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Poetry is what someone makes when she desires to hear a certain language and cannot already hear it in the world. To this Judy Grahn testifies in an interview: "I suddenly wanted something to read about women, but I couldn't find anything" (Yalom and Davis, 1983). Poetry satisfies the deesire for new linguistic experience, experience that can only be dreamed by the poet before she begins to work. Yet this new language is never purely new: it is made out of repetition, both internally in its formal devices, figures, and themes, and in echoing the language outside of and prior to it. For a poet like feminist Judy Grahn, who is dissatisfied not only with the language already in the world but also with the world itself, poetry can alter through language the relations between the audience and the world by transforming the meanings of words and symbols and thus how we experience them. On the one hand, poetry like Grahn's moves toward something new and opposes repetition of what is dangerous, painful, inhuman in the world and its language; on the other hand, a poem like A Woman is Talking to Death must do its work largely by repeating what already exists. The poem's title enacts this process in miniature, playing upon a figure of speech that at once invokes a stereotype about women's speech (i.e., talking endlessly), and signals both a commitment to language (talking until death, until the very end) and a larger, even mythical, meditation about ultimate meaning in which Death is addressed directly; that it is a woman talking to Death is unexpected and turns the hackneyed phrase inside out. New meaning thus arises out of language that is familiar. Transformation, then, depends upon the politics of repetition and refrain, mimicking in language the transformation of the material world sought by the feminist movement at large.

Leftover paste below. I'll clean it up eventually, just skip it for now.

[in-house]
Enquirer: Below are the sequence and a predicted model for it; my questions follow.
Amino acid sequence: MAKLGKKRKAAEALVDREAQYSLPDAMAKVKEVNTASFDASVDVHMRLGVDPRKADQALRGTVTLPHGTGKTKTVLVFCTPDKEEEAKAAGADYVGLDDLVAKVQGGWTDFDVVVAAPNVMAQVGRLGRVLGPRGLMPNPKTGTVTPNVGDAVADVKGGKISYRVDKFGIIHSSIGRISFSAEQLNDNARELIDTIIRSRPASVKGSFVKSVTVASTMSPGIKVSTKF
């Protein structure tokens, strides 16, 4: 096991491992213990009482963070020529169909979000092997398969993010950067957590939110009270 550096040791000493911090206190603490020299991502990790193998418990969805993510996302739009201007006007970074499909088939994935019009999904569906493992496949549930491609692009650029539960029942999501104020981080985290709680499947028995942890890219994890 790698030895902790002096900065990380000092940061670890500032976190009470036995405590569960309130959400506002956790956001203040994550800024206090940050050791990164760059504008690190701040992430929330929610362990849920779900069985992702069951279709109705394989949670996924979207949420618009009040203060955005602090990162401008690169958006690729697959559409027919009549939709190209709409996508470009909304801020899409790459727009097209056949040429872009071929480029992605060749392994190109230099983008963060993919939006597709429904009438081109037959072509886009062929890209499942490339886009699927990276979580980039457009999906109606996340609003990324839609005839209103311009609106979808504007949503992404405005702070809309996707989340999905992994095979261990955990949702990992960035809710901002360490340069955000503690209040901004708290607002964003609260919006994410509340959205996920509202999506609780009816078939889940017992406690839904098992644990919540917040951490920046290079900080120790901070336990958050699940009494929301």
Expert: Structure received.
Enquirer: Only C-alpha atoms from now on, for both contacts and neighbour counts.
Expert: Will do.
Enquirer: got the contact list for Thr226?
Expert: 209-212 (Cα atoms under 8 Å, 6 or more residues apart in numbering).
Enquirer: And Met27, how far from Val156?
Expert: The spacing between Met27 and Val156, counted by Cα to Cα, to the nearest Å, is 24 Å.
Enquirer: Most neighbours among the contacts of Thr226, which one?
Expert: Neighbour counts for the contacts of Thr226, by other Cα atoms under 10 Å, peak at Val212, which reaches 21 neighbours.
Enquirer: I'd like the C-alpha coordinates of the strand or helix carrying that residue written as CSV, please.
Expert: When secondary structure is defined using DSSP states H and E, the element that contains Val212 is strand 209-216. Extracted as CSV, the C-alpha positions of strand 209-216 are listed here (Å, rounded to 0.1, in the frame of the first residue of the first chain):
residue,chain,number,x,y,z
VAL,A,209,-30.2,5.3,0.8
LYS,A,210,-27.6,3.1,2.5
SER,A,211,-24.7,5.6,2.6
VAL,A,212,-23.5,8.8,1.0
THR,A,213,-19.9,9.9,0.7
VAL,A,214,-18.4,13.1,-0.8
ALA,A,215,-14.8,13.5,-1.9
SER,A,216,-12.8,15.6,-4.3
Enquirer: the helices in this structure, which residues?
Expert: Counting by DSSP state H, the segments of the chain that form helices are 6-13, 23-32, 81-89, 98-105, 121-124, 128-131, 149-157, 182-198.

This is the paradox for the feminist writer: how to use what exists to create what is new. In Grahn's work, the paradox goes deeper. Formally and symbolically, A Woman is Talking to Death is structured around repetitions that generally work as the very mechanism that engages the reader and offers pleasure in the face of the uncanny. Thematically, it is the material of violence and prejudice that we find repeated. If the poem were not words but actions, we might say that we were witnessing its uncontrollable compulsion to repeat, a compulsion that would reveal its drive toward death. But because the poem is made out of words, its thematic repetitions make conscious the very pattern of violence that the larger culture is already repeating compulsively in action; and the formal, verbal repetitions further serve to transform the meanings of those words and our relation to them from an unconscious complicity with violence toward a position in which we may begin to free ourselves from its chains. A Woman is Talking to Death thus works socially upon its audience: Grahn's poem, in other words, is a liberating therapy for a society that is trapped in illness.

Adrienne Rich has pointed out how well Grahn's work transforms language, and the important difference between transformation—which is a real change in our psychic, social, and physical relations—and revolution—which is the replacement of one empowered group by another without necessarily transforming the essential power structure. In an essay on four lesbian poets including Grahn, Mary J. Carruthers rightly observes the connection between Grahn's "repetitive, incantatory techniques" and the "traditions of Whitman, Ginsberg, cummings, with more than a little of Gertrude Stein," and notes how she "transmutes them to celebrate the energy common to women in their diverse work." I suggest that this transformation is also ideological. For listeners, the refrains and repetitions bring about a new relation to prejudice and violence, as they work to release us from the oppressions we use against each other and which continually divide us; and they enact a process of empathy and growth. Grahn's use of repetition is also in certain ways representative of feminist writers in general: repetition and transformation occur with fair frequency, for example, in the work of writers as diverse as Rich, Audre Lorde, Pat Parker, Helene Cixous, Gertrude Stein, and Charlotte Perkins Gilman.